Every patient who attends SATU is offered a sexual health screen. This involves urine, blood tests and swabs being taken to see if you have any sexually transmitted or blood-borne infections, which can then be treated. You will be telephoned with your test results when they are available. You will return to SATU on three occasions to continue your treatment. You will be given the contact details of the people involved in your care so that you can contact them if you have any queries.
The number of beds varies greatly. Rooms in the prenatal ward have between six and ten beds and the postnatal ward has between three and eleven beds per room. In the gynaecology ward, there are between five and eight beds in a public ward.
If you are pregnant and want to attend the Rotunda for maternity care, you do not need a letter from your GP. You can review the options of maternity care available on the website and contact the relevant department directly for an appointment. If you have a gynaecology problem, you will need a referral letter from your GP before you can be seen by a doctor.
Yes, flowers are allowed in the hospital. They can either be delivered or you can bring them with you at visiting time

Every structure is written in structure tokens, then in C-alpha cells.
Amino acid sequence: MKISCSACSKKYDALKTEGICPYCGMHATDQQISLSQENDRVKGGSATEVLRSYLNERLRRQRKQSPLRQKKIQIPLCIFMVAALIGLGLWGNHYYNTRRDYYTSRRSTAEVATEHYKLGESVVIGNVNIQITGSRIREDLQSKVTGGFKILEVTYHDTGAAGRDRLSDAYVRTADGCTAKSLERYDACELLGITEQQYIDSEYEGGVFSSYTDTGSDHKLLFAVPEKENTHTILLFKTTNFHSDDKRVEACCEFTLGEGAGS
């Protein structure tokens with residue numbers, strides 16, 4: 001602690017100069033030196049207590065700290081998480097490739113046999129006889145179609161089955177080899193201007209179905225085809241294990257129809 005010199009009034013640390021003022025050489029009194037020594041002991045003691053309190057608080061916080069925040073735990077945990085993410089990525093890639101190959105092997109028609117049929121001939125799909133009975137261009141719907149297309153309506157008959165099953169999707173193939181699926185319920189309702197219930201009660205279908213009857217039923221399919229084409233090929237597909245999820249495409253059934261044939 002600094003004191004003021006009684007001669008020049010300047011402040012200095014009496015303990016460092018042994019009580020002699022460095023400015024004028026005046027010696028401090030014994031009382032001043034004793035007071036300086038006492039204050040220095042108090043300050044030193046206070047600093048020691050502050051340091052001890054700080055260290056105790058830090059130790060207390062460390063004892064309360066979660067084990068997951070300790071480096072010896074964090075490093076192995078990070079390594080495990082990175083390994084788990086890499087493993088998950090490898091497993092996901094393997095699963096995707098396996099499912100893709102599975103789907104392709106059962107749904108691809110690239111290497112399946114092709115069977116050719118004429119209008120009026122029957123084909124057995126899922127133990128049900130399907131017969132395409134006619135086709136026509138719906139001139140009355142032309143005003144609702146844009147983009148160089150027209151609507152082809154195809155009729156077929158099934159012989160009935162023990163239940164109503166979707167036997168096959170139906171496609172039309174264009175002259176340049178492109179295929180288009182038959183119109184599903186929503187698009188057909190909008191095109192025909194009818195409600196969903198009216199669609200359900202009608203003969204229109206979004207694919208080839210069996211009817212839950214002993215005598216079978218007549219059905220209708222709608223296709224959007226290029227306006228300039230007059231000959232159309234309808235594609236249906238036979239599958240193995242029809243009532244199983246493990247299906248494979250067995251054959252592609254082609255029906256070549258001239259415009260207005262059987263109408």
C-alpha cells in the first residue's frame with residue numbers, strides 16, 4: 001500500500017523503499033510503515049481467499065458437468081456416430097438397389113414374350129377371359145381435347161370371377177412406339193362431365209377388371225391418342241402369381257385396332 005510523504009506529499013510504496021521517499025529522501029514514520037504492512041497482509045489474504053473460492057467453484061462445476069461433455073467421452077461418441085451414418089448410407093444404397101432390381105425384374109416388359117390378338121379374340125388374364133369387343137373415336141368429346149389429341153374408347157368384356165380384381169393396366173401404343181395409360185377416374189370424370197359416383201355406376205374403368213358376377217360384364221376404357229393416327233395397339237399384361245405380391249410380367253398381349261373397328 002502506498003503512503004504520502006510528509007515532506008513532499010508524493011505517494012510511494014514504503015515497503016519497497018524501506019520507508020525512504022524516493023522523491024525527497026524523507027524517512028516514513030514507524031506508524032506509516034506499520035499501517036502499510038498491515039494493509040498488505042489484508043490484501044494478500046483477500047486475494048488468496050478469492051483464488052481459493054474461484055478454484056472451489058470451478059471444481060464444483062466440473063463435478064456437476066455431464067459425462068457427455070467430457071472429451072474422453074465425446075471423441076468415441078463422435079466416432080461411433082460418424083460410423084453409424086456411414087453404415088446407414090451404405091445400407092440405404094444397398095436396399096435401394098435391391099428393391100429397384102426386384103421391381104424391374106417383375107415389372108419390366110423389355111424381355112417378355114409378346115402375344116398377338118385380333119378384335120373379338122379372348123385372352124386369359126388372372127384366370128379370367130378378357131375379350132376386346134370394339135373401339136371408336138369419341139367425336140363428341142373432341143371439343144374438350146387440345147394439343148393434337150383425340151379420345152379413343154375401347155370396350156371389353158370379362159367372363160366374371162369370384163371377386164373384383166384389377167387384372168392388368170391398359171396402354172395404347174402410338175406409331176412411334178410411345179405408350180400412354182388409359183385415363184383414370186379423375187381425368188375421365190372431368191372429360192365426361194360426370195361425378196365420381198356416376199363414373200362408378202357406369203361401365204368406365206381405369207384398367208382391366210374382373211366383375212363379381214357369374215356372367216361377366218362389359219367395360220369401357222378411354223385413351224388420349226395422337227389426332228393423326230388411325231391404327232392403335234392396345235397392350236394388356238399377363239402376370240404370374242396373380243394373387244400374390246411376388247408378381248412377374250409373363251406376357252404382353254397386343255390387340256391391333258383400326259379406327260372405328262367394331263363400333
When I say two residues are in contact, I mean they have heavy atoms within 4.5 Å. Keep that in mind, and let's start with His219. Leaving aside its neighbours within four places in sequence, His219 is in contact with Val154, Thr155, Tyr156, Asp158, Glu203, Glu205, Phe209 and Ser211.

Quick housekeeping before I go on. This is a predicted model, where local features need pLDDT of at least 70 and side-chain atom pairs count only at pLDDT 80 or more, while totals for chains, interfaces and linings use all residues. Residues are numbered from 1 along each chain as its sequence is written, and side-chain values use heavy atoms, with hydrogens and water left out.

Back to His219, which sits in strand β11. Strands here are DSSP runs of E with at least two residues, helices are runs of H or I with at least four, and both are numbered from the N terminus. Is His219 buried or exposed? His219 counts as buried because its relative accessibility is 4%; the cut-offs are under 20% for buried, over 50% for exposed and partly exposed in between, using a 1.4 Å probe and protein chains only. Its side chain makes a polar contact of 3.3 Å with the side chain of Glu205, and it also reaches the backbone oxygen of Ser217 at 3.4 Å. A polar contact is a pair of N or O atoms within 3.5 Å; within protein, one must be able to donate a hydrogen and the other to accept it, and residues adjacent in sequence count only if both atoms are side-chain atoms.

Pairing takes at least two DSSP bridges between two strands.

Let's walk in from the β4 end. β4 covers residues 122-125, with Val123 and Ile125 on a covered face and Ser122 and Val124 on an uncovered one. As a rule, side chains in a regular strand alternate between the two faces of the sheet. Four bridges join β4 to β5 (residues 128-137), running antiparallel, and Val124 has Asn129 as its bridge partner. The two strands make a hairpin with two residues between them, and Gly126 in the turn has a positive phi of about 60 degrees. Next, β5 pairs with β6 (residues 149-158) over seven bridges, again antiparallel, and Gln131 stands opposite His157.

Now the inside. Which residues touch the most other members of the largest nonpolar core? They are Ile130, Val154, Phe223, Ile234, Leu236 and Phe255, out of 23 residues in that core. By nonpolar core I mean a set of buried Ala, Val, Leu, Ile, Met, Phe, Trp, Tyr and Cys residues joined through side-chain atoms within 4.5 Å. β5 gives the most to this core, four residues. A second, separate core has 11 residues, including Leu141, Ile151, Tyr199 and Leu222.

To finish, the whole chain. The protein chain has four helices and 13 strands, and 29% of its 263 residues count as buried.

You will be given a menu card every day, which outlines the food choices available to you. The choices include healthy and high fibre options for all meals. If you have any special requirements please let a member of the catering staff know.
Parking is available on the Rotunda site in the evening time and at weekends. Please follow this link for further information on local parking facilities.
We will try to have the records copied within 40 days. However, sometimes it can take longer, but we will let you know. Please give us as much notice as possible.
It is very important that you inform us that you cannot attend an appointment. This appointment time can then be offered to somebody else. Please phone the relevant outpatient service and tell us details of the appointment. We will gladly offer you an alternative appointment date.
Café Rotunda is located beside the main reception desk. It provides a sit-down and ready to go service. It stocks baby gifts including clothes and soft toys, toiletries, call credit and lots of reading material and snacks. The menu includes bagels, toasted paninis, wraps, sandwiches and salads. It is generally open from 7.30 am – 9.00 pm Monday to Friday and from 9.00 am – 9.00 pm Saturday and Sunday.
I have special dietary requirements. Will the catering staff be able to provide me with the food I need?
A member of the catering department will visit you every day offering you menu choices for all meals. They will take note of any special dietary requirements you may have. They will link with the dietitian as necessary to ensure that you get food which is suitable to your needs.
It depends on the tests that were taken. If you were told that you would be contacted with the results, please keep your mobile phone close at hand so that you can be contacted with the results. You should contact the actual department or the person you were dealing with if you have any further queries.